Recreating Van Gogh’s lost painting

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Recreating Van Gogh’s lost painting

Using generative models in the hunt for a masterpiece by Mikael Davidsson

In the summer of 1889 Vincent van Gogh undertook a series of landscape painting. For each of the painting he sent a drawing to his brother Theo in Paris.

From museum of fine arts, Boston
From museum of fine arts, Boston

As can be seen, one of the drawings is missing its corresponding painting. The drawing is called “Wild vegetation” and is presumably a field full of flowers with a mountain in the background.

People noticed the missing painting and many wondered were it might be.The mystery came to a conclusion 118 years later, in 2007, when a conservator at the Museum of Fine Arts in Boston named Meta Chavannes X-rayed the painting “The Ravine” and found the remains of wild vegetation underneath.

It is known that Van Gogh was low on material throughout his life and even resorted to use towels as canvases when the urge to paint became overwhelming.

Considering this, it is not a surprise that he simply reused the wild vegetation canvas. Sadly it is hard to make out what the painting would have looked like from the X-ray, so it would seem like the painting is lost to the world. That is, until now. With the power of generative machine learning, I set out to try and reconstruct the painting.

Neural style transfer

I started out with the idea that neural style transfer might solve it.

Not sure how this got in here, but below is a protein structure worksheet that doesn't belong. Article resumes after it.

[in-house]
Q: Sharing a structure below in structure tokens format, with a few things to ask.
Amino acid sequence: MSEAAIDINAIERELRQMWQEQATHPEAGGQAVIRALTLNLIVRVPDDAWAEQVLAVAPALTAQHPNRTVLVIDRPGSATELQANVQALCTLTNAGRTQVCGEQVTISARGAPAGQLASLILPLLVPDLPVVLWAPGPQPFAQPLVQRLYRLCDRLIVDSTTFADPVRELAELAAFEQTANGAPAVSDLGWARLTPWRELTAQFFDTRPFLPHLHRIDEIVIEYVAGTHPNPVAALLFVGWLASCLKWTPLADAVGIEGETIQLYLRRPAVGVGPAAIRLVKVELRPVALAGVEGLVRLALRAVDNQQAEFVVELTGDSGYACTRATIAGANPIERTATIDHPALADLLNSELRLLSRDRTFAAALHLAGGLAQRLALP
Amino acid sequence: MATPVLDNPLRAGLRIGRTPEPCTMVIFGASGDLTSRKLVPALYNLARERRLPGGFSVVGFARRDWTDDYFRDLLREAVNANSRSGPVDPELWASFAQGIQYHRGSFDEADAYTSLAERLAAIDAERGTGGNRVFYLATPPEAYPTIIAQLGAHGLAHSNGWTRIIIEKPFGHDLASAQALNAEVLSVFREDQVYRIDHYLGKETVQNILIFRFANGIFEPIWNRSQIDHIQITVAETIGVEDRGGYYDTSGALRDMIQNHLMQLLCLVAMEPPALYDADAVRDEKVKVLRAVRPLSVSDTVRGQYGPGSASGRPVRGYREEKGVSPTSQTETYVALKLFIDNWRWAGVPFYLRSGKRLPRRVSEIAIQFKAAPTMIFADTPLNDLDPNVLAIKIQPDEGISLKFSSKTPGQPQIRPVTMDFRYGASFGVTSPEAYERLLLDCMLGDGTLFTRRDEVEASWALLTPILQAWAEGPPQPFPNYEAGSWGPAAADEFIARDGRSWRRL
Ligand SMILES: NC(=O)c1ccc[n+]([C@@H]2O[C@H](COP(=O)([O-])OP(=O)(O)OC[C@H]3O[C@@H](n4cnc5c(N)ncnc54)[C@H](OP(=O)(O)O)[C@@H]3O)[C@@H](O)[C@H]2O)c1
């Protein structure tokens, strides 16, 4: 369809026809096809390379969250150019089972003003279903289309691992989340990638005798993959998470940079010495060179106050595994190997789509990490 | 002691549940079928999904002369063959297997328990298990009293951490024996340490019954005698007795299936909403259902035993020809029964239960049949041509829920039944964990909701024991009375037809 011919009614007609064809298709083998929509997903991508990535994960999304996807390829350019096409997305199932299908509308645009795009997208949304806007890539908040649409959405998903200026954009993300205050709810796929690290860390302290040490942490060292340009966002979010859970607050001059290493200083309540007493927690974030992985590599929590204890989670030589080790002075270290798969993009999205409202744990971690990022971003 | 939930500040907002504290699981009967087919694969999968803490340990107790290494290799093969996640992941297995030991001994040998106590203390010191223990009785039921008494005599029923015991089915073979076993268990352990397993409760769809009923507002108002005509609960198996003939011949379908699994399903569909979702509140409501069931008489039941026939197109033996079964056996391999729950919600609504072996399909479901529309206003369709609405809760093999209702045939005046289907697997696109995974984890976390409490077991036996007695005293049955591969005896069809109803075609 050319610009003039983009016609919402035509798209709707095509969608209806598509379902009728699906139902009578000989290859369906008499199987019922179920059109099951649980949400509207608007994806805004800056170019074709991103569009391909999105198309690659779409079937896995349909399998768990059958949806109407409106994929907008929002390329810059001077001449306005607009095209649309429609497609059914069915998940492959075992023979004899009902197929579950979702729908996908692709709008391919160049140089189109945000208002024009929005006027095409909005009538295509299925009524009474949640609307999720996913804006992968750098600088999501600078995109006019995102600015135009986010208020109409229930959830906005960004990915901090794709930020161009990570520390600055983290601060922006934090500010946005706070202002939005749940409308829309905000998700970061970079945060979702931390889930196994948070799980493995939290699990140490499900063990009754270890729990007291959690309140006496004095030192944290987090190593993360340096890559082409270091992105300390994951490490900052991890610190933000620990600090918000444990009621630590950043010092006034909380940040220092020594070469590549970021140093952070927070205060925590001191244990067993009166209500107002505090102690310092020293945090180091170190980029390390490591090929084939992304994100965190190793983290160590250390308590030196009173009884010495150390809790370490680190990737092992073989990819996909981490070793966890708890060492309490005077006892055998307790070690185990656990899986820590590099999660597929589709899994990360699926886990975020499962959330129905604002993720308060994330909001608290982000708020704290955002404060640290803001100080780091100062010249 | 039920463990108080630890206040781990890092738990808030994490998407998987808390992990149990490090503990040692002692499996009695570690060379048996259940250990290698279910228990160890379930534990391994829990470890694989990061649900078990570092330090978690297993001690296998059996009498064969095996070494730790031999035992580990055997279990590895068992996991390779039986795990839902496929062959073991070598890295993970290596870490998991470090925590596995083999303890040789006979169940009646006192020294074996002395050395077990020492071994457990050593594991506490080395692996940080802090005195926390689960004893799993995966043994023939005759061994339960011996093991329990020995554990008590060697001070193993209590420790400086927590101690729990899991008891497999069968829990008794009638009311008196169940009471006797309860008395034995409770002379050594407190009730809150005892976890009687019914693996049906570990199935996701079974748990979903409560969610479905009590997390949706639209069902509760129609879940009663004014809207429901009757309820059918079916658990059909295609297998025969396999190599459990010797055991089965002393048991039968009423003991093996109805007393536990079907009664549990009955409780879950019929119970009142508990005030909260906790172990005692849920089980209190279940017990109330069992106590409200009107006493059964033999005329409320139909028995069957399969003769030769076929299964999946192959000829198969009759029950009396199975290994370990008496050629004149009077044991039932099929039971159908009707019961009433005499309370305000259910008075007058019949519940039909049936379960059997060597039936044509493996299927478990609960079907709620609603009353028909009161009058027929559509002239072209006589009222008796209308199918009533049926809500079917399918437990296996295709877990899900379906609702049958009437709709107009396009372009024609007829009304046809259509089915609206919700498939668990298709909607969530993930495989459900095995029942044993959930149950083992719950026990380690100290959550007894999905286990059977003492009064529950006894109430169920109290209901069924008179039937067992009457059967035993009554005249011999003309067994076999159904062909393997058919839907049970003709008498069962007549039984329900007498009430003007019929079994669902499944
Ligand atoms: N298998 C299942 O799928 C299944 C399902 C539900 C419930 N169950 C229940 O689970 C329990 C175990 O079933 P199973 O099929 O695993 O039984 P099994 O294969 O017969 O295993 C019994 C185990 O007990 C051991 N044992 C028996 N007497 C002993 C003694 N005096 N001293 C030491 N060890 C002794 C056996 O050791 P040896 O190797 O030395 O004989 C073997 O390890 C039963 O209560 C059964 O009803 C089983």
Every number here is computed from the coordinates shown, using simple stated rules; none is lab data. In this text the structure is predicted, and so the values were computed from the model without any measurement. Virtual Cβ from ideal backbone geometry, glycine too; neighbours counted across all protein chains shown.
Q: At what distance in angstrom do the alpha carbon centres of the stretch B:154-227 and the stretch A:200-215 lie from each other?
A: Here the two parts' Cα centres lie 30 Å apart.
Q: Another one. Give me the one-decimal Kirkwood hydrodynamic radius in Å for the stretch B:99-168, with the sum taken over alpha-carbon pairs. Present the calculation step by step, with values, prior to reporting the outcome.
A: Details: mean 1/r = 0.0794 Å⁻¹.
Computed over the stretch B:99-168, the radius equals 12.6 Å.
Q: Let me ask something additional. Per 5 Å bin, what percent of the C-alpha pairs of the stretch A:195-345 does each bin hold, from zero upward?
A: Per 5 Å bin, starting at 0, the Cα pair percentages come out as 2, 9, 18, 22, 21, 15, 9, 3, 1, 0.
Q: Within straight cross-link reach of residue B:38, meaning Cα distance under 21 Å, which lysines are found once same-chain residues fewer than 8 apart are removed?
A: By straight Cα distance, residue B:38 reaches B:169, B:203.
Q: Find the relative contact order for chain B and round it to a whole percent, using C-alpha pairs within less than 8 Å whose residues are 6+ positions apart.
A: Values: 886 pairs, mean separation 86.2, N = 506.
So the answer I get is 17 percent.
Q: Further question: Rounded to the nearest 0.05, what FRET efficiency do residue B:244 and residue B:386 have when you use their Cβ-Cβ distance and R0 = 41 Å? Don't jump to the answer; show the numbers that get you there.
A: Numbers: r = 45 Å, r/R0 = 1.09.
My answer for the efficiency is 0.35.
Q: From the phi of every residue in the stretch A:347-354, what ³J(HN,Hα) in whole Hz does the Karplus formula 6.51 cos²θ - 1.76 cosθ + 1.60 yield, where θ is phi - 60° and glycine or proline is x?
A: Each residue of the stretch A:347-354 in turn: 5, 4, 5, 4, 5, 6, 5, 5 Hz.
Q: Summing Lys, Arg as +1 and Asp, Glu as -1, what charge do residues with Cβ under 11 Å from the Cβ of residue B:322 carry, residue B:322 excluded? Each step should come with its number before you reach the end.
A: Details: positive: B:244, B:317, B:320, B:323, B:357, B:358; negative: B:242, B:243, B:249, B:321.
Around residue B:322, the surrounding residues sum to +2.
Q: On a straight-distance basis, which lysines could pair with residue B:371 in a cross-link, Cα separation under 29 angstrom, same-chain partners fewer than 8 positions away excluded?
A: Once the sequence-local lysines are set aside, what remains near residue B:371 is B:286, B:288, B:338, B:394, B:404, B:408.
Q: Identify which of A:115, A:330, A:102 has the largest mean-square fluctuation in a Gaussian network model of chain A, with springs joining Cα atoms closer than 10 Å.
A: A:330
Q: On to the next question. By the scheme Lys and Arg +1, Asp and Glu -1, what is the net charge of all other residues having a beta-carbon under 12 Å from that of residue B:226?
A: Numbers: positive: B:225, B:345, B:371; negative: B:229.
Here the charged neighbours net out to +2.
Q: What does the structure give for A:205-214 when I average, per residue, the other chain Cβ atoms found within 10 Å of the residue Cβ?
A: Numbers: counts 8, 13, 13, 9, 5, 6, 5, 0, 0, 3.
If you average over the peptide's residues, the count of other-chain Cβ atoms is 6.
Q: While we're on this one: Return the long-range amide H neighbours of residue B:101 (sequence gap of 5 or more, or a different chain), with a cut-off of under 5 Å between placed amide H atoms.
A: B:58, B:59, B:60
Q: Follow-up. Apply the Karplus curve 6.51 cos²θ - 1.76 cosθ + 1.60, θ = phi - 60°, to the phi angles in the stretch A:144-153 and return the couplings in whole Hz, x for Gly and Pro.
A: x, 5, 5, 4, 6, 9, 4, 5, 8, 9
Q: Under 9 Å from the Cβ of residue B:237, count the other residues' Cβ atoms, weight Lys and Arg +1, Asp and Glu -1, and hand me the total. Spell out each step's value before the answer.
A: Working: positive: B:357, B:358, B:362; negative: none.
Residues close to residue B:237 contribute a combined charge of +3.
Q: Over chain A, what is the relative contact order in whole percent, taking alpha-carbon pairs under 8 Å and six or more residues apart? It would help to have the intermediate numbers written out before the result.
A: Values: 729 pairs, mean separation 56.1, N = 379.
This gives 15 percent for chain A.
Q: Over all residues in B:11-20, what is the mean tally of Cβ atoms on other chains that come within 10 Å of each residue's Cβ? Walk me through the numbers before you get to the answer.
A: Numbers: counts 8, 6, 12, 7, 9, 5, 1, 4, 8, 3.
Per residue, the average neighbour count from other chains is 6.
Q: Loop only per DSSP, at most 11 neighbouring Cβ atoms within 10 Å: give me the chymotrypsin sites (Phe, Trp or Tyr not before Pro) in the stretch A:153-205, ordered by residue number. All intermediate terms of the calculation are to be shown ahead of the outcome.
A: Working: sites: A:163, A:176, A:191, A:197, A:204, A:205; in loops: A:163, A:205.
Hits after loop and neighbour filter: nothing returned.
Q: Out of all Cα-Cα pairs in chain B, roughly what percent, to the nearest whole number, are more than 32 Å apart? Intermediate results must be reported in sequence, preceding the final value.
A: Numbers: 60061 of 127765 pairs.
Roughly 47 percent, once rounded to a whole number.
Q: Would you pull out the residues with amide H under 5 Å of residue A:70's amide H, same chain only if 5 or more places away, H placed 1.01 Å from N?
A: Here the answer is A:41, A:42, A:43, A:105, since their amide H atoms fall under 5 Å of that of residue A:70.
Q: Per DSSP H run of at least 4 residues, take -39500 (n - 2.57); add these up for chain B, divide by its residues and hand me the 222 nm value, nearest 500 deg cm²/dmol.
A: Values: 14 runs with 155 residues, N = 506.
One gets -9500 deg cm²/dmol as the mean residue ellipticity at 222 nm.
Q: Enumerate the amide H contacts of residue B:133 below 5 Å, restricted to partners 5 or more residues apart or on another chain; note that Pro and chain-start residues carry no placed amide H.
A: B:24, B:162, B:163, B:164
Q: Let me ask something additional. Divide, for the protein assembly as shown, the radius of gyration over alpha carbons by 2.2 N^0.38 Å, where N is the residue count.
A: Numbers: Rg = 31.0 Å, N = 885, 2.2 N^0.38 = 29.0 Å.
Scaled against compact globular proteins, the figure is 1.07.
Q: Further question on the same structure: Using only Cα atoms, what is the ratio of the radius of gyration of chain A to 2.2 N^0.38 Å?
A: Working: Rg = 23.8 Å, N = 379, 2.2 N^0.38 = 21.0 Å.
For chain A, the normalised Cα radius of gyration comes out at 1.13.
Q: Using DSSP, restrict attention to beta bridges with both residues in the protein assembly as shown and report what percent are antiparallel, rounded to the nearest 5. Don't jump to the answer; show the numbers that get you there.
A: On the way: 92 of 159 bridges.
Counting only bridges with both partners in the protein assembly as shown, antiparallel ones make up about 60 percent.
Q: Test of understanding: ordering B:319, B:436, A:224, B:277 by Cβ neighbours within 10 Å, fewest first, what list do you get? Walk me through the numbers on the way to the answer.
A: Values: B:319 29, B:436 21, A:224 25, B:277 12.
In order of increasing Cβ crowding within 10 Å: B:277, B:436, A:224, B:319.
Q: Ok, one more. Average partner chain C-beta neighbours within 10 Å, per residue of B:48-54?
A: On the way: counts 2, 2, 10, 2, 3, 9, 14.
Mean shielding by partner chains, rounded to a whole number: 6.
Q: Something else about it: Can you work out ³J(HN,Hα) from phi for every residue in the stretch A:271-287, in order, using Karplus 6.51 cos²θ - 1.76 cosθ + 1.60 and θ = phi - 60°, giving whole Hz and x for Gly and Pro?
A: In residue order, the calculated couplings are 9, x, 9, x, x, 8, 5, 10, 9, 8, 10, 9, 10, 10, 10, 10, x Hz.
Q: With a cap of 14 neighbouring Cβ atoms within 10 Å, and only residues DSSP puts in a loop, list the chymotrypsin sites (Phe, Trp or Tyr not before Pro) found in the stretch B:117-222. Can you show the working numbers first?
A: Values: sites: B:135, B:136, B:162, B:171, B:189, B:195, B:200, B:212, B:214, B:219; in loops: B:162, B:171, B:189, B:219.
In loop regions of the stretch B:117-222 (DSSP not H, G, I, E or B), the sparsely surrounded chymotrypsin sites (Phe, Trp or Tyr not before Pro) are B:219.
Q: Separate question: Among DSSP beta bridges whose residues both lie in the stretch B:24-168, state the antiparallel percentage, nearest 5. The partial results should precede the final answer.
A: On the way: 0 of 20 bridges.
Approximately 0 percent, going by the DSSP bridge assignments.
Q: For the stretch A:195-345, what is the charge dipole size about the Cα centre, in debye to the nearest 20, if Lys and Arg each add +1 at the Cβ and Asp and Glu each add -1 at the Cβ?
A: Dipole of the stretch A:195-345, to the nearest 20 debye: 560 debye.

Neural style transfer is a technique where one exploits the an interesting fact about the inner workings of deep learning.

One of the great strengths of deep learning is its ability to automatically feature select. It turns out that when training a deep neural network, on for example faces, each layer learns to recognize features of higher and higher abstraction, so that the first layers look for straight lines and edges, subsequent layers for eyes and ears, and further layers for whole faces.If we look at two images we would expect them to have similar features in the deeper layers if they have the same “content”, i.e. both contains a car or a face. This is independent of the exact appearance of the car or face.The earlier layers, by contrast, will have similar features if the images both contains similar “styles” such as colors, edginess or roundness.

It is a bit more complicated than that though, since what we call style is often a combination of several features. So for example, an image of a lawn might contain the features spikiness and green, and an image of a hedgehog in a forest contain the same features. If we are using the first image as style input, presumably what we actually want is the “grassy” style, which is a combination of the green and spiky features in the same place.

To achieve this we use the gram matrix, which tells us where in the image certain features are present together. In the grassy image, green and spikiness are present at the same place, in contrast to the hedgehog image where spikiness is correlated with brown. Thus, to achieve similar styles we try to maximize the similarity of the gram matrices.

The above example is taken from Generative Deep Learning.Then we do the back propagation algorithm, but instead of changing the weights of the network as we usually do when training, we keep them fixed and instead change the image.Using the library Neural-Style-Transfer, I did this on wild vegetation and the painting “Poppy fields” and this was the result:

The result is far from satisfying as the model seems to have a problem of discerning what is ground and what is sky, and thus makes the ground blue in certain places. This way of putting sky color on the ground is of course something van Gogh did himself in the wonderful piece “The Sower” where he reverses the color order of ground and sky, but I feel this it is probably not appropriate in the piece above, at least not in the way it is done here.I should of course have guessed that this would be the case, why would the neural style transfer know what is sky and what is ground?